Science & Technology

Methane emissions from oil, gas rigs may be 50% more than estimated

This finding by researchers led by scientists from Princeton University challenges the accuracy of methane emission estimation processes

 
By Rohan Gupta
Last Updated: Thursday 22 August 2019
The UK National Atmospheric Emission Inventory reported methane losses from the rigs in the North Sea to be 0.13 per cent of gas production. Photo: Getty Images
The UK National Atmospheric Emission Inventory of reported methane losses from the rigs in the North Sea to be 0.13 per cent of gas production. Photo: Getty Images The UK National Atmospheric Emission Inventory of reported methane losses from the rigs in the North Sea to be 0.13 per cent of gas production. Photo: Getty Images

Global methane emissions from offshore oil and gas rigs may be 50 per cent higher than the current estimates, according to a research.

This finding bears a strong implication for India as the country has the second-highest number of offshore oil and gas rigs in the world after China, according to data from Baker Hughes rig count.

The UK’s emissions inventory underestimated methane emissions from offshore oil and gas platform in the North Sea by more than half, found the study conducted by a team of researchers led by scientists from Princeton University.

The UK National Atmospheric Emission Inventory (NAEI) reported methane (CH4) losses from the rigs in the North Sea to be 0.13 per cent of gas production, while the study found that the actual emissions may be more than double of that.

Methane is a potent greenhouse gas and its concentration in the atmosphere has increased by more double since 1850. The mixing ratio of atmospheric CH4 went to 1865 parts per billion (ppb) in February 2019 from 715 ppb in 1850.

This challenges the accuracy of CH4 emission estimation processes followed for offshore rigs.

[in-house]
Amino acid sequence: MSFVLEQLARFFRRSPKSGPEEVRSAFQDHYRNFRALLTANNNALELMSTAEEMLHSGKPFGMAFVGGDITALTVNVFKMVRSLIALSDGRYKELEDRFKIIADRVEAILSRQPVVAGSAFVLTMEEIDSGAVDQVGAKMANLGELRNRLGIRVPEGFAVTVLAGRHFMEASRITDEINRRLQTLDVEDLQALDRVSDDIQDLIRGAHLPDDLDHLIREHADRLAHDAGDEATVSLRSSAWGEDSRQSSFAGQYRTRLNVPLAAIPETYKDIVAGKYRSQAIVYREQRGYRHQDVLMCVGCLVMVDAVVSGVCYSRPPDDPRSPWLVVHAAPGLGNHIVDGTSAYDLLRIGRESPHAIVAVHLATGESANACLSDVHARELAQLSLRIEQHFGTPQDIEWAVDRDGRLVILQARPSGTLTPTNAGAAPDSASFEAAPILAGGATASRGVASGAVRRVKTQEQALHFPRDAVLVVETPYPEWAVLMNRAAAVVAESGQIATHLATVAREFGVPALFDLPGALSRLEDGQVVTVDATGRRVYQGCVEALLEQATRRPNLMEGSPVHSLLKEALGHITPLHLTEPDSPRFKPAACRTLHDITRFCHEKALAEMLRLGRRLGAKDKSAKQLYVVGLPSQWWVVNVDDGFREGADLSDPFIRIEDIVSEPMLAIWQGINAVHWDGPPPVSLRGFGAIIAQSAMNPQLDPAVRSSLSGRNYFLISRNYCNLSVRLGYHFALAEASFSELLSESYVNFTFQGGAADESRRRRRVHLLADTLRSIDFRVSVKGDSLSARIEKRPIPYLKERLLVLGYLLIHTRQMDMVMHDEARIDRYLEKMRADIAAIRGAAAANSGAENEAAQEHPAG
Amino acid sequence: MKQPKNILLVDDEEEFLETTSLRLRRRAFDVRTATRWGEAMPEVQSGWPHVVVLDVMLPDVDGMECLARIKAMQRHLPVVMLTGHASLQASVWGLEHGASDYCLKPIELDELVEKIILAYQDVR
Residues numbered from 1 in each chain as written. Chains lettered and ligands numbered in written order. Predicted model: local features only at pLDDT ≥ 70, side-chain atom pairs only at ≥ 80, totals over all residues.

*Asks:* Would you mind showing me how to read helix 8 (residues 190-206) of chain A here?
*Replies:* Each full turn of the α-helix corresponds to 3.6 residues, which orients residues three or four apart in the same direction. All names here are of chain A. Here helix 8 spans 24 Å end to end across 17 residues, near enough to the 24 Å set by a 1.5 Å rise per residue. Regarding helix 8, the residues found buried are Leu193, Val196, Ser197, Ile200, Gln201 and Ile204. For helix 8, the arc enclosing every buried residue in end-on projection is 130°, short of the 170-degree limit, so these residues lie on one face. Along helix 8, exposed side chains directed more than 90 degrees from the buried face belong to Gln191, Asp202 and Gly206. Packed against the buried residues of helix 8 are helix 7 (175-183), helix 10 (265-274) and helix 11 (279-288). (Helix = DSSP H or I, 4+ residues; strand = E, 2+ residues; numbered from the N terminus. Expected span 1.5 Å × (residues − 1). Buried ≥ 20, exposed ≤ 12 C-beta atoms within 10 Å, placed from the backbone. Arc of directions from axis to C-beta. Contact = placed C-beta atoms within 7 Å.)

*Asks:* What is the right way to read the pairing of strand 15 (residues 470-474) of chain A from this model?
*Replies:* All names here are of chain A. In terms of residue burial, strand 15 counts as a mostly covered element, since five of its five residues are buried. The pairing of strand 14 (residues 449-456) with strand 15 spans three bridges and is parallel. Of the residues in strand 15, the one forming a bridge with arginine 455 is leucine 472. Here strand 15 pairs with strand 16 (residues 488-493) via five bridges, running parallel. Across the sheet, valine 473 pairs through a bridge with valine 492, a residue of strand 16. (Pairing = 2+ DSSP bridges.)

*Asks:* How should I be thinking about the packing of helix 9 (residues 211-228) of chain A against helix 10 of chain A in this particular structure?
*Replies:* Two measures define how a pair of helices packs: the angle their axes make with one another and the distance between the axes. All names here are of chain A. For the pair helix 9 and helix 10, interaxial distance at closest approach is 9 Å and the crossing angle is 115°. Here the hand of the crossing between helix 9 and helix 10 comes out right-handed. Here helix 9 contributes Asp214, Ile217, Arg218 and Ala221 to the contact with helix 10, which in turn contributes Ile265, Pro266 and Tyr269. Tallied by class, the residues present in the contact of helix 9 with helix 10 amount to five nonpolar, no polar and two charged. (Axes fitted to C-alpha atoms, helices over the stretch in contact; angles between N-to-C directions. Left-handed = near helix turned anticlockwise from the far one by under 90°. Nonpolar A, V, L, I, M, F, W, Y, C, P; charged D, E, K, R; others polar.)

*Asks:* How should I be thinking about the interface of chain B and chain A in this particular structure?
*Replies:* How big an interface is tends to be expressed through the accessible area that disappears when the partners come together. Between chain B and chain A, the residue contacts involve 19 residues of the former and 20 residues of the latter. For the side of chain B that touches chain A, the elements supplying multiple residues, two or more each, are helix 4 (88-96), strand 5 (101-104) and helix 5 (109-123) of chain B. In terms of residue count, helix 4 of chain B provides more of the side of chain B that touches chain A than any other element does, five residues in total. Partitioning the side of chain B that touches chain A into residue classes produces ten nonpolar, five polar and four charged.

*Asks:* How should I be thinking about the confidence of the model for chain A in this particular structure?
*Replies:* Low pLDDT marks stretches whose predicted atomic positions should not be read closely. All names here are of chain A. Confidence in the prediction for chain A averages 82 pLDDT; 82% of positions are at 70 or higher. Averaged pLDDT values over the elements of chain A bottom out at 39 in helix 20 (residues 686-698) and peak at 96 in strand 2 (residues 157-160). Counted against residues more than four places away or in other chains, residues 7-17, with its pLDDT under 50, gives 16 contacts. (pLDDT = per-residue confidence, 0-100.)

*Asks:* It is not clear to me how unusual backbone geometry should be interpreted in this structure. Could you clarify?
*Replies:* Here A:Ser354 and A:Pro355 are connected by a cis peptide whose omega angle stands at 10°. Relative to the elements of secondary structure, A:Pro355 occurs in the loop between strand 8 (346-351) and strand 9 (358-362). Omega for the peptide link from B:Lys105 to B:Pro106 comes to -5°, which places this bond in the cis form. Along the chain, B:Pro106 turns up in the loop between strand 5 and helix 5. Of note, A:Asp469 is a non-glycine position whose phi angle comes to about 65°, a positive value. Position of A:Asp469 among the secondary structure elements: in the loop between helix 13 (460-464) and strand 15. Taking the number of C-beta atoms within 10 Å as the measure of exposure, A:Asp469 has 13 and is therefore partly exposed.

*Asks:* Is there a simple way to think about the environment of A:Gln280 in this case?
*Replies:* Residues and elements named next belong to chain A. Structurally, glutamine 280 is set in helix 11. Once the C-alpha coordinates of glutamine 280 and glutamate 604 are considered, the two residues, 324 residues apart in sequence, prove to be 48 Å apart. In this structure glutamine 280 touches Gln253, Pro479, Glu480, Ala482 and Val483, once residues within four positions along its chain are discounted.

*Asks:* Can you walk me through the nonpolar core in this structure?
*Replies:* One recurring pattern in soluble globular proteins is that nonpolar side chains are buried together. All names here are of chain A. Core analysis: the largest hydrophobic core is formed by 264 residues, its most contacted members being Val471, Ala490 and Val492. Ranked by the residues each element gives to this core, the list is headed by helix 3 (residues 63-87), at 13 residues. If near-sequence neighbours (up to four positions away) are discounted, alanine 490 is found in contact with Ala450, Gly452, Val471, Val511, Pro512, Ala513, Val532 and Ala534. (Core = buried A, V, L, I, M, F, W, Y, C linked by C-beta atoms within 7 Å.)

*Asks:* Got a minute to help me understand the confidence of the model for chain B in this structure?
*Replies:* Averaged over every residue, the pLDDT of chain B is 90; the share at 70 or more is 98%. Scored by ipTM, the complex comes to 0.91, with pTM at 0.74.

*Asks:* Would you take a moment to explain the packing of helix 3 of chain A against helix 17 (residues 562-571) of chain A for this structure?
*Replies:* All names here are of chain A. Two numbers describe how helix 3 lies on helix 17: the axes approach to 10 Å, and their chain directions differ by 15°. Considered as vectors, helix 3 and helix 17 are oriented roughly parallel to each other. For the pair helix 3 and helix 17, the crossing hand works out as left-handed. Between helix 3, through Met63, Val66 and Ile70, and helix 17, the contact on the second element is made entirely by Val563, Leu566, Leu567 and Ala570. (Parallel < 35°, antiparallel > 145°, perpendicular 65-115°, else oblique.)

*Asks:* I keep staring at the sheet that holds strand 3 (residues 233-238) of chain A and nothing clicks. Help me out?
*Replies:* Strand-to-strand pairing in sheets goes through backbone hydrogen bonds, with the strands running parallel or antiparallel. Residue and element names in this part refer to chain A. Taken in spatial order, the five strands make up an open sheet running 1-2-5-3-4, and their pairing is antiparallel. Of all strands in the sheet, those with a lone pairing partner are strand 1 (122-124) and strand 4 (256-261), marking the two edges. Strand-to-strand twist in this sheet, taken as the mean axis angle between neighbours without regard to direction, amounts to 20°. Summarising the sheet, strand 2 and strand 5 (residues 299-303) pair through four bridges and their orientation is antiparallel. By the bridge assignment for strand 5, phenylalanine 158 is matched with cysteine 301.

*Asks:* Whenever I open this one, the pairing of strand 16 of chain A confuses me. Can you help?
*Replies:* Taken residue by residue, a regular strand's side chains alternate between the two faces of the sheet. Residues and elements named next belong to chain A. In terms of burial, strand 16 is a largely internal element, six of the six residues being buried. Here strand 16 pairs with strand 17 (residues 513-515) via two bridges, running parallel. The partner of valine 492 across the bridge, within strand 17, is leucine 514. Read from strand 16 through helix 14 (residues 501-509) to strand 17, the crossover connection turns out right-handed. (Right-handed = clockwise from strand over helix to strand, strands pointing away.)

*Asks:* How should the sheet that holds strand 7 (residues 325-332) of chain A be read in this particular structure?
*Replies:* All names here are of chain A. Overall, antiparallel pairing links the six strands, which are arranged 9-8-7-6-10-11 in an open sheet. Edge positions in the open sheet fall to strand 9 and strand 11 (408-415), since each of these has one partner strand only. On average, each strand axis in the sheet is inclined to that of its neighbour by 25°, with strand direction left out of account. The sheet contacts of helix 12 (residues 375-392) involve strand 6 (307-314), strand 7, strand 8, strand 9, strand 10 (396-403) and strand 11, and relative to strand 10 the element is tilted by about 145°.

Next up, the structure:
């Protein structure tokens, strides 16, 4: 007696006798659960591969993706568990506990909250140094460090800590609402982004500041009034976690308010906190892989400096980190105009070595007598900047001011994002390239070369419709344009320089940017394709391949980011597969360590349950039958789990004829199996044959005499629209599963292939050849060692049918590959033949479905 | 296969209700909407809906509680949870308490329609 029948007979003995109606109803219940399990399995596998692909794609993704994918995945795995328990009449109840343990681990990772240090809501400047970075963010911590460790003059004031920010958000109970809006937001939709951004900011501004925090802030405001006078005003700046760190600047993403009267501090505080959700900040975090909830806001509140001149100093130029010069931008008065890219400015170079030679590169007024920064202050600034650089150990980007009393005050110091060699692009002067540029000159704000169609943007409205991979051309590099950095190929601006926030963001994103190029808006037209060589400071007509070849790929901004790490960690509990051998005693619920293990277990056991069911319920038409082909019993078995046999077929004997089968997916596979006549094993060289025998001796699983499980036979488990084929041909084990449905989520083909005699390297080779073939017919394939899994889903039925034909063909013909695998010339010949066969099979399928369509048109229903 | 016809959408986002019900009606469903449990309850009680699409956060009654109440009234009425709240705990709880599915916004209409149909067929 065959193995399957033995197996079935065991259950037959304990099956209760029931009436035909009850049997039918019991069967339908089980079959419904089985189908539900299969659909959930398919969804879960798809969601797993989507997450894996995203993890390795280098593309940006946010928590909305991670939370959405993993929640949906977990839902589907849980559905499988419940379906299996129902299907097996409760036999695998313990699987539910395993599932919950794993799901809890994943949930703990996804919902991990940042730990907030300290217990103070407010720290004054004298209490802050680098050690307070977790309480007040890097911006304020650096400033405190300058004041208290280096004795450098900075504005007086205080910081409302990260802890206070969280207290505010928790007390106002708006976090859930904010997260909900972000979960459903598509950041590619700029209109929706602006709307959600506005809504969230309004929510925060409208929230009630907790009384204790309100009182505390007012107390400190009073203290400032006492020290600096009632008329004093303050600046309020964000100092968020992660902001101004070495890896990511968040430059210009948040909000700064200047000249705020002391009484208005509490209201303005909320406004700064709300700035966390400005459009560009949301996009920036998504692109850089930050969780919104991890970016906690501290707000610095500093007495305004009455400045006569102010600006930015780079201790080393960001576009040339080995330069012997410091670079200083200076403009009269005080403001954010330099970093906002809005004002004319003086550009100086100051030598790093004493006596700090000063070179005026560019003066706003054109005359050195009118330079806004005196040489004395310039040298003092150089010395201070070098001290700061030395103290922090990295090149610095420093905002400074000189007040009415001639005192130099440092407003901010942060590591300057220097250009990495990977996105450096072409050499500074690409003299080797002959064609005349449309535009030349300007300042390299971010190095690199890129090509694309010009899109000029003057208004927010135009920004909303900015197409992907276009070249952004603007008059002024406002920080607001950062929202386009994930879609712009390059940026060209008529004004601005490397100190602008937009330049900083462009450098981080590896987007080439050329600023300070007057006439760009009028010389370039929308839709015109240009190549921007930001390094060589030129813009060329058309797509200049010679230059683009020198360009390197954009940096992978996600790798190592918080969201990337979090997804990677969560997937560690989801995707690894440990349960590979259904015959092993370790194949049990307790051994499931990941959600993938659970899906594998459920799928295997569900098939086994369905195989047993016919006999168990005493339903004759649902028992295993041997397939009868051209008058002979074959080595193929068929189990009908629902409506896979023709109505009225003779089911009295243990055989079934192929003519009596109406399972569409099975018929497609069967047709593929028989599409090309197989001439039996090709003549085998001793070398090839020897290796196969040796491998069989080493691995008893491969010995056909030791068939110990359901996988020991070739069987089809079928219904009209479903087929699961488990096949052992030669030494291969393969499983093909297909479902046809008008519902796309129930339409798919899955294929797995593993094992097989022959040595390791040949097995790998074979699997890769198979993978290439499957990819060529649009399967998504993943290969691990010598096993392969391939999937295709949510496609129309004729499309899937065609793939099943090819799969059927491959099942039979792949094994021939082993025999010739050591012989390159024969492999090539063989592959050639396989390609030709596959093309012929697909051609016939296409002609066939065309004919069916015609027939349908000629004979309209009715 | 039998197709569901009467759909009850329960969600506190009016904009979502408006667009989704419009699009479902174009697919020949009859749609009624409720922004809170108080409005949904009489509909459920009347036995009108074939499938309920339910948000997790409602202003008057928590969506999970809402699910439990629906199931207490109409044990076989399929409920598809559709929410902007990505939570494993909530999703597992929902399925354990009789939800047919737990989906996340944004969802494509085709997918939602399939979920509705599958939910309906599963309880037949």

Oil and Gas Climate Initiative (OGCI) estimates the global CH4 emissions from the oil and gas sector to be 1.6 TgCH4 yr-1 (equal to 1,012 grams of CH4 per year), without taking into account fugitive leakages.

The data represents leakages from 13 of largest oil and gas producers. If the study’s estimate of 0.19 per cent losses are added to the existing numbers, the estimates will jump up to 2.4 TgCH4 yr-1, a 50 per cent increase. 

The researches chose eight platforms randomly and used fishing boats as the measurement platform to collect data on mole fractions of methane gas around these platforms. All of these eight platforms were not engaged in gas flaring or oil offloading during the period of the study.

The production-weighted average methane emissions from offshore oil and gas rigs in North Sea calculated by NAEI was 0.19 per cent and the sources identified were gas flaring and offshore oil loading activity.

The researchers also found that the losses were 0.19 per cent of the gas production, but when gas flaring or offloading activity was not happening. They concluded that these emissions were due to ambient leakages which have not been identified by NAEI as a potential source.

Continuous leakages are not surprising as these rigs are located in inhospitable conditions of North Sea characterised by wind speeds regularly exceeding that of hurricanes and waves touching the working deck, according to the report.

The unreported leakages can be due to “incomplete combustion of natural gas feeding the pilot light at the top of the platform, or it could be associated with gas being emitted at the working deck level”, according to the researchers.

The problem of underestimation of methane emissions is not limited to offshore oil and gas plants. Another 2019 study found that methane emissions from the use of natural gas in homes and business are double of what the official numbers suggest in major cities along the US eastern seaboard.

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